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Daily Challenge #250 - Last Digit of a Large Number

Define a function that takes in two non-negative integers a and b and returns the last decimal digit of a^b. Note that a and b may be very large!

For example, the last decimal digit of 9^7 is 9, since 9^7 = 4782969. The last decimal digit of (2^200)^(2^300), which has over 10^92 decimal digits, is 6. Also, please take 0^0 to be 1.

You may assume that the input will always be valid.


lastDigit 4 1 shouldBe 4
lastDigit 4 2 shouldBe 6
lastDigit 9 7 shouldBe 9


lastDigit 10 (10^10)

lastDigit (2^200) (2^300)

This challenge comes from dburgoyne on CodeWars. Thank you to CodeWars, who has licensed redistribution of this challenge under the 2-Clause BSD License!

Want to propose a challenge idea for a future post? Email with your suggestions!

Discussion (16)

vidit1999 profile image
Vidit Sarkar

Here is a C++ solution,

#include <bits/stdc++.h>
using namespace std;

unordered_map<int, vector<int>> lastDigitCycle = {
    {0, {0}},
    {1, {1}},
    {2, {6, 2, 4, 8}},
    {3, {1, 3, 9, 7}},
    {4, {6, 4}},
    {5, {5}},
    {6, {6}},
    {7, {1, 7, 9, 3}},
    {8, {6, 8, 4, 2}},
    {9, {1, 9}}

int lastDigit(long a, long b){
    if((a == 0 && b == 0) || b == 0)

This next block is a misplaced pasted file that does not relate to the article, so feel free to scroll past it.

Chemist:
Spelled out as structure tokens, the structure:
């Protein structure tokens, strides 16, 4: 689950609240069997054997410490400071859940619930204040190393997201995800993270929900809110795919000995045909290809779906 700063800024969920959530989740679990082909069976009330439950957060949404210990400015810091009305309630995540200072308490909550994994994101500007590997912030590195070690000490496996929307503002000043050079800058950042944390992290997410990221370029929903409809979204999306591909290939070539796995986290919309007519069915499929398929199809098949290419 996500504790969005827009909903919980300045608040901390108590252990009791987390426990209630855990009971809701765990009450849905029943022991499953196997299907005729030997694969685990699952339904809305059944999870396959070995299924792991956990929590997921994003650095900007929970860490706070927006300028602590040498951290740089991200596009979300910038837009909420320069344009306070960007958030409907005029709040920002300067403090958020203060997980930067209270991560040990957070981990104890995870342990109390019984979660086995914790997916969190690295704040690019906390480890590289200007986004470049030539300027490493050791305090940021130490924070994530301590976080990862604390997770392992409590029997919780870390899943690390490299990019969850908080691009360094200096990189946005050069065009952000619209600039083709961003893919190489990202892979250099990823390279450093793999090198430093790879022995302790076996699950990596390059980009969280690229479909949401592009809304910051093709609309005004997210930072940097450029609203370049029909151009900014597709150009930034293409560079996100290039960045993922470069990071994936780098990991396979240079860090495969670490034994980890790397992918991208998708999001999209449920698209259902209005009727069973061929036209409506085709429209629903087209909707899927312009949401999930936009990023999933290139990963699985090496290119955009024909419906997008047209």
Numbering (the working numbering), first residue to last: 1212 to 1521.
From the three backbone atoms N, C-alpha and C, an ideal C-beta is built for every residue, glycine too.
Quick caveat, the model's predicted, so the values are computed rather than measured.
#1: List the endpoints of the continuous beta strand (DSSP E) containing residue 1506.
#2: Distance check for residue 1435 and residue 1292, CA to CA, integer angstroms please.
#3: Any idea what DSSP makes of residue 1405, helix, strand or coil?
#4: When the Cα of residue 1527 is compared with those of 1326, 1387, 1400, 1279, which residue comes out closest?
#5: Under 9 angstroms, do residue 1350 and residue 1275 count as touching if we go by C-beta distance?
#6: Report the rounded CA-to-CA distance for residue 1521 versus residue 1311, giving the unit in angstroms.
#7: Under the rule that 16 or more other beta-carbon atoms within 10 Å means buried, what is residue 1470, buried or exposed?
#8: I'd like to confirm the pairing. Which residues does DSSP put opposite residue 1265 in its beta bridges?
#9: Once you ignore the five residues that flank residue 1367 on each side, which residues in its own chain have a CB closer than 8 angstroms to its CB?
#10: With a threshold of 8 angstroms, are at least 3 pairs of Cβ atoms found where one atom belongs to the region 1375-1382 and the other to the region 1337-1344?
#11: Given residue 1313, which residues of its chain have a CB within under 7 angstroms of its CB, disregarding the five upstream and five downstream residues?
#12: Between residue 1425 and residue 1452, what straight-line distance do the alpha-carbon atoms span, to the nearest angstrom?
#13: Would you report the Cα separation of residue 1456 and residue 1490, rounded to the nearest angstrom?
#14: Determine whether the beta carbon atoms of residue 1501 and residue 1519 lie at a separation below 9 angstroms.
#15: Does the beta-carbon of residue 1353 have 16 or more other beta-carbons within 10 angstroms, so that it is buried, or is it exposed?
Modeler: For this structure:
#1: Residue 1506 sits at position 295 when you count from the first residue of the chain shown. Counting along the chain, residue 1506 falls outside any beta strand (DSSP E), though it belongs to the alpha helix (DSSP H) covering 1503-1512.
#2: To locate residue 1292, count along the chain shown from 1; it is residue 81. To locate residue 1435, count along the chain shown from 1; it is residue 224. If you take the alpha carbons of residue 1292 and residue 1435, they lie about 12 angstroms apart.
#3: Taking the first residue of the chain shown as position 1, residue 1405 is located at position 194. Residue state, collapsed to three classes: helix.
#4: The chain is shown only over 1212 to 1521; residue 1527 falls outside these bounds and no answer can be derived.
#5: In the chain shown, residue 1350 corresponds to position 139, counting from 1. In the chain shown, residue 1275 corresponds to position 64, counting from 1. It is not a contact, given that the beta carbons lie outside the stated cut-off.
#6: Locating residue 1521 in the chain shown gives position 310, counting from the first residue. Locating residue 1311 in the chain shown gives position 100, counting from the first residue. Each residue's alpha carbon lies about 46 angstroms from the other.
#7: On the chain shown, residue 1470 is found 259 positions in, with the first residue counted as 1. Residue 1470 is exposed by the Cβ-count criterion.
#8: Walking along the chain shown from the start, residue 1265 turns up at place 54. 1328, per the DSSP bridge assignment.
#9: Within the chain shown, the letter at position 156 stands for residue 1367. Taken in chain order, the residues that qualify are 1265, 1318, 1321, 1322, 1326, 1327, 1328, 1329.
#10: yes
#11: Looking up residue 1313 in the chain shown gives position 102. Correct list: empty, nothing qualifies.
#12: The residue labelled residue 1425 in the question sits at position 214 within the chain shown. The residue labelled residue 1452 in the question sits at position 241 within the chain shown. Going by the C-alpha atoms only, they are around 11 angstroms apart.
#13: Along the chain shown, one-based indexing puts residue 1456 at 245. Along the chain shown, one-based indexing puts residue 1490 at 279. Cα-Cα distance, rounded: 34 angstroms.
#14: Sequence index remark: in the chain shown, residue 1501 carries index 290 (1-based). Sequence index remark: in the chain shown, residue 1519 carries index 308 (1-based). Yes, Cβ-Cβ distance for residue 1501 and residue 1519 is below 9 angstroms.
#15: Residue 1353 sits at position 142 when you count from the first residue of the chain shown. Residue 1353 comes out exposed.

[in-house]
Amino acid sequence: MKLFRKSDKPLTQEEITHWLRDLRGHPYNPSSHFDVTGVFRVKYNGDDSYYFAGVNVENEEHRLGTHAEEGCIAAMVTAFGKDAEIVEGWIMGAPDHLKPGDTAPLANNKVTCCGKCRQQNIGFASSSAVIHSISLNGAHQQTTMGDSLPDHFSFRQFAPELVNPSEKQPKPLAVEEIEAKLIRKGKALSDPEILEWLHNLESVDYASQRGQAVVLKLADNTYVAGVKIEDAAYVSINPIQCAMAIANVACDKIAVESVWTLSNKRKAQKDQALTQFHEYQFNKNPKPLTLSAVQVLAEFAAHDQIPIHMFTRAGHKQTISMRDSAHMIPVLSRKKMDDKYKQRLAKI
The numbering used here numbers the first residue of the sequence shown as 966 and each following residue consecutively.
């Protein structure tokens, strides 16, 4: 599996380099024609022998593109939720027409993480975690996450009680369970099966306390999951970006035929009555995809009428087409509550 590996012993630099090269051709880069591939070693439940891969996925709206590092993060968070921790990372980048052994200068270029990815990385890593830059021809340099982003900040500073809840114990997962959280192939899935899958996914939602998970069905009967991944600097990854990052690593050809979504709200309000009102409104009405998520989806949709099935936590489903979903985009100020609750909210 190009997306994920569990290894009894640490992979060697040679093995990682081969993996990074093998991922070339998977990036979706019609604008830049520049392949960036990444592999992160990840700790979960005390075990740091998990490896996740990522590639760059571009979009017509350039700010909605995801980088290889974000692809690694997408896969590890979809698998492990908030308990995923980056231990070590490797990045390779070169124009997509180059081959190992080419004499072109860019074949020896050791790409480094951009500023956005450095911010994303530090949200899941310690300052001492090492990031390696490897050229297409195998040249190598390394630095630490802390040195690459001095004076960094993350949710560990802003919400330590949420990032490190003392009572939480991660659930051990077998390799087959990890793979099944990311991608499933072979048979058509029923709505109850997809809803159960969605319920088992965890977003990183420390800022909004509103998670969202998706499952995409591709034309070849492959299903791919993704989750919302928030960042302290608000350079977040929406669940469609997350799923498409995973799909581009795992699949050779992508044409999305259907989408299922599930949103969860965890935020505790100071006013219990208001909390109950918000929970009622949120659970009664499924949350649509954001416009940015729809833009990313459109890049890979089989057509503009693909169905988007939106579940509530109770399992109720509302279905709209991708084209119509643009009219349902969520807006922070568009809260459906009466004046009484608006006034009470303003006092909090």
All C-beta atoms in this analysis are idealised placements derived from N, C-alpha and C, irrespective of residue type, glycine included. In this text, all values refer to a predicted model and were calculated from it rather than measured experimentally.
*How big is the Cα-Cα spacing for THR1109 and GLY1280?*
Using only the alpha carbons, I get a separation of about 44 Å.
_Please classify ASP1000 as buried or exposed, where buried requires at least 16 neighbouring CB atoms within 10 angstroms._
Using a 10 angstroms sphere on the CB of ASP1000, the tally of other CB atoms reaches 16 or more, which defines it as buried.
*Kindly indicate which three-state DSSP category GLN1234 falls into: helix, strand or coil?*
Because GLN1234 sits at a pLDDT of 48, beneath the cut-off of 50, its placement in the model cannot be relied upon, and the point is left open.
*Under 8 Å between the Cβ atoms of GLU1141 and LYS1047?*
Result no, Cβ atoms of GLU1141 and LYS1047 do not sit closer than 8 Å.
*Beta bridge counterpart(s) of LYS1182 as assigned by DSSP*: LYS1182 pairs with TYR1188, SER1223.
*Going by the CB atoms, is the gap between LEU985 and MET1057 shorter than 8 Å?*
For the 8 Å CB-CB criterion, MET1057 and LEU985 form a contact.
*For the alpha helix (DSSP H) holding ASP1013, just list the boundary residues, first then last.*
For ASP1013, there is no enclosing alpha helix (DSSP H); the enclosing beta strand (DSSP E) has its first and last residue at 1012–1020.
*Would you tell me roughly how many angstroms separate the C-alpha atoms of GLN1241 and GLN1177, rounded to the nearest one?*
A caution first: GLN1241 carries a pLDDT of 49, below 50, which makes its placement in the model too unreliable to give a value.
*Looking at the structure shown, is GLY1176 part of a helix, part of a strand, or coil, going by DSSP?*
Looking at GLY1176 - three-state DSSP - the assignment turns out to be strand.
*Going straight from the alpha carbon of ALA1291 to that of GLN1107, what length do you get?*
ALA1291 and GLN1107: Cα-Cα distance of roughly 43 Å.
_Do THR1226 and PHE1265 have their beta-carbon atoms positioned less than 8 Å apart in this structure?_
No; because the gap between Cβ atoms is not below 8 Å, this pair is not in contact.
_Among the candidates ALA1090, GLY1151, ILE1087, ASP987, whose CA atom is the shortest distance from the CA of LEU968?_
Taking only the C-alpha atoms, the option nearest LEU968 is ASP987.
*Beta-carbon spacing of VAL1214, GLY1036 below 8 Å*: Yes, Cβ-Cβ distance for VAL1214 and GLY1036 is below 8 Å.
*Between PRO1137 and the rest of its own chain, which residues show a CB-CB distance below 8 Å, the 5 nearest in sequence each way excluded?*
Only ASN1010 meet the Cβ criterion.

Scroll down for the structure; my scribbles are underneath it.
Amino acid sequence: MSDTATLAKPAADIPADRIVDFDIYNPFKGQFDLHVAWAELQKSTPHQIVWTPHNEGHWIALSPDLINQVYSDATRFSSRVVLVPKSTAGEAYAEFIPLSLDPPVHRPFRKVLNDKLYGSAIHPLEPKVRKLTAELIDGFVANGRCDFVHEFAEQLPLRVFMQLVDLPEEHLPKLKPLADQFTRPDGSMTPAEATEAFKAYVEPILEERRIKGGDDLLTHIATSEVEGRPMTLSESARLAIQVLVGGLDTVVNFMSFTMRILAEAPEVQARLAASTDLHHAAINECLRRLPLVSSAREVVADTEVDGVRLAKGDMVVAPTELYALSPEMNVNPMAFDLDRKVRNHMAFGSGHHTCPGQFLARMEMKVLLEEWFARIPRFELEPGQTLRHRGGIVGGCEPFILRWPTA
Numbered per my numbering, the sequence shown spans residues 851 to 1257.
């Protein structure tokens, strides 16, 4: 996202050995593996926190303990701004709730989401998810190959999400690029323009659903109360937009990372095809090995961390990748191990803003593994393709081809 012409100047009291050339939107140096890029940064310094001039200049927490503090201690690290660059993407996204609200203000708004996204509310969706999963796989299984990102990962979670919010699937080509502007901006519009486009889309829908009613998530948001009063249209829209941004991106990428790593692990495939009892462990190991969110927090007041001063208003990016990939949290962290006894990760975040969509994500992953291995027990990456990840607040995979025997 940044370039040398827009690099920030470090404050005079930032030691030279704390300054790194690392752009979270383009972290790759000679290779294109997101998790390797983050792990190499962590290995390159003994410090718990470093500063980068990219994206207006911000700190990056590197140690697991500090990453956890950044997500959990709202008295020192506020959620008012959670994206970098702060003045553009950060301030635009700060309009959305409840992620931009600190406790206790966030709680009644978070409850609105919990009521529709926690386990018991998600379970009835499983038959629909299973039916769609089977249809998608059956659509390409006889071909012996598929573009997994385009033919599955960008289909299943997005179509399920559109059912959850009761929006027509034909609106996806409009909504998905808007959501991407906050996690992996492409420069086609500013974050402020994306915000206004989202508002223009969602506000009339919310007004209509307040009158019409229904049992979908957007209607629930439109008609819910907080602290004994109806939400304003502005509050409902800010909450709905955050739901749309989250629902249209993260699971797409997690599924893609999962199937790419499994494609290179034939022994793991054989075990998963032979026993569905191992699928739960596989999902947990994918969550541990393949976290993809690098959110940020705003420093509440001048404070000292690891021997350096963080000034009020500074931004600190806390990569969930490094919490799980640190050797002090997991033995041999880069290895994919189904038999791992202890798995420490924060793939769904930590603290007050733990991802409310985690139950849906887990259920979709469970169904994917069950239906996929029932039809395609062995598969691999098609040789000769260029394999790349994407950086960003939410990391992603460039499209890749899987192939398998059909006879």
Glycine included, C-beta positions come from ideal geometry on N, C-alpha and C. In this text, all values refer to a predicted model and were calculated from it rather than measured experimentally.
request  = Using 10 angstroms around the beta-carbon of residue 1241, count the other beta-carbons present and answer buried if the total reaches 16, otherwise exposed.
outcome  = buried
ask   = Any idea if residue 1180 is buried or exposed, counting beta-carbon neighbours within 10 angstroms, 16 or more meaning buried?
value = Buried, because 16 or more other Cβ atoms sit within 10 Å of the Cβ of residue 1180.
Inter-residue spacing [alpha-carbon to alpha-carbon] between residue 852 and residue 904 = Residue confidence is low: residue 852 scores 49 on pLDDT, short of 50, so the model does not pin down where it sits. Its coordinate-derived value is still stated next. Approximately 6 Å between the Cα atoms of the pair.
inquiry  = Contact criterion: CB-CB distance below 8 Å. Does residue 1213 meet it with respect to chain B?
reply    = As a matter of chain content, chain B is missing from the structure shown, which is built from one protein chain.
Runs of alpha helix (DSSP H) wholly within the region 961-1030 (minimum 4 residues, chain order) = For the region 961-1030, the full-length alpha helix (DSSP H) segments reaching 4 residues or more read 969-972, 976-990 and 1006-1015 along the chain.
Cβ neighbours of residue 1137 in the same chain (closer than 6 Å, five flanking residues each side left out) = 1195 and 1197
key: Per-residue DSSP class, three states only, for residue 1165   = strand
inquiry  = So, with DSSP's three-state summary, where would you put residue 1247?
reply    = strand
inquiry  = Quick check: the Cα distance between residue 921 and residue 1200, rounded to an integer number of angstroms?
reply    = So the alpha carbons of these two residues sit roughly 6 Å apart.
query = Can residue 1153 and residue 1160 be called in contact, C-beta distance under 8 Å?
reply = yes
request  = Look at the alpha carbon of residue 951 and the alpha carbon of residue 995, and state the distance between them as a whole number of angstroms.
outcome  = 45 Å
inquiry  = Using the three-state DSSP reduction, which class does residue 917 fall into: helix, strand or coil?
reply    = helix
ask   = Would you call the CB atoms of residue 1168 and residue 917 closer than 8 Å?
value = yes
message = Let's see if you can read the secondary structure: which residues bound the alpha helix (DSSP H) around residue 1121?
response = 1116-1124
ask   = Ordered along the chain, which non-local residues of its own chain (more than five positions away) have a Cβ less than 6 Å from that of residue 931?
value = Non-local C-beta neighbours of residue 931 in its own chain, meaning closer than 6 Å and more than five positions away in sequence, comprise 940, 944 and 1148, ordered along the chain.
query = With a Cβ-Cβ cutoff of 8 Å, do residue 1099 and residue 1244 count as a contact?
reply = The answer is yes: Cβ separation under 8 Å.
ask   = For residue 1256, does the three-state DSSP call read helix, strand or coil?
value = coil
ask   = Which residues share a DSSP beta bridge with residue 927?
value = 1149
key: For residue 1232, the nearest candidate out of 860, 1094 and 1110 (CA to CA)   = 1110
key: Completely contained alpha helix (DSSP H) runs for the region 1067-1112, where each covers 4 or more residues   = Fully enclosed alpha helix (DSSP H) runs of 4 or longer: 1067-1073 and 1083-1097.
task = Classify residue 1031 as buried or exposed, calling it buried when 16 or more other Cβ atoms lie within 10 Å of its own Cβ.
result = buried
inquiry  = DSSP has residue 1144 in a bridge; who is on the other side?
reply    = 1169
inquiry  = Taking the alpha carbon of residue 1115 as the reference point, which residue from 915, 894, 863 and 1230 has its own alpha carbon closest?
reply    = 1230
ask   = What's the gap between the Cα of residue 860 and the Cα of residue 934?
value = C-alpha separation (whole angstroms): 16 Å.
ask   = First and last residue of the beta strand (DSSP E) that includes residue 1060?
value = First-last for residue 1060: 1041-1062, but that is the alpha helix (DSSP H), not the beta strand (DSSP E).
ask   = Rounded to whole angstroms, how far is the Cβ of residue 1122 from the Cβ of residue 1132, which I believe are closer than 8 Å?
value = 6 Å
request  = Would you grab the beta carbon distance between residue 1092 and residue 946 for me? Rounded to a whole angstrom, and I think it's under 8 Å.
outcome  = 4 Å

return 1;

    int lastDigitOfA = a%10;
    int len = lastDigitCycle[lastDigitOfA].size();
    int reqIndex = b%len;
    return lastDigitCycle[lastDigitOfA][reqIndex];

int main(){
    cout << lastDigit(4, 1) << "\n"; // output -> 4
    cout << lastDigit(4, 2) << "\n"; // output -> 6
    cout << lastDigit(9, 7) << "\n"; // output -> 9
    cout << lastDigit(1, 0) << "\n"; // output -> 1
    cout << lastDigit(2, 0) << "\n"; // output -> 1
    cout << lastDigit(0, 0) << "\n"; // output -> 1
    cout << lastDigit(0, 7) << "\n"; // output -> 0
    cout << lastDigit(29, 157) << "\n"; // output -> 9
quoll profile image
Paula Gearon

This was exactly the approach I was going to take, but then thought, "What if I write down a wrong digit in my map? This is the only reason I wrote a generator. I like the idea of a map better though. 👍

qm3ster profile image
Mihail Malo

Why is the outer a unordered_map and not a vector?
It's consecutive?

vidit1999 profile image
Vidit Sarkar

vector<vector<int>> can also be used. But I think it is a bit easier to understand the mapping this way

savagepixie profile image


const lastDigit = (a, b) => +Math.pow(a, b).toString().slice(-1)
qm3ster profile image
Mihail Malo

Doesn't produce correct answers for extremely high numbers due to rounding.

quoll profile image
Paula Gearon

Silly, illegible Clojure code. But it works.

(defn s [x] (cons x (take-while #(not= x %) (rest (iterate #(mod (* x %) 10) x)))))
(defn last-digit [a b] (let [cycle (s (mod a 10))] (nth cycle (mod (dec b) (count cycle)))))

The trick is how to get the input parameters. If they're strings, then that's easy:

  • Take the final character of the first string, and convert to a number.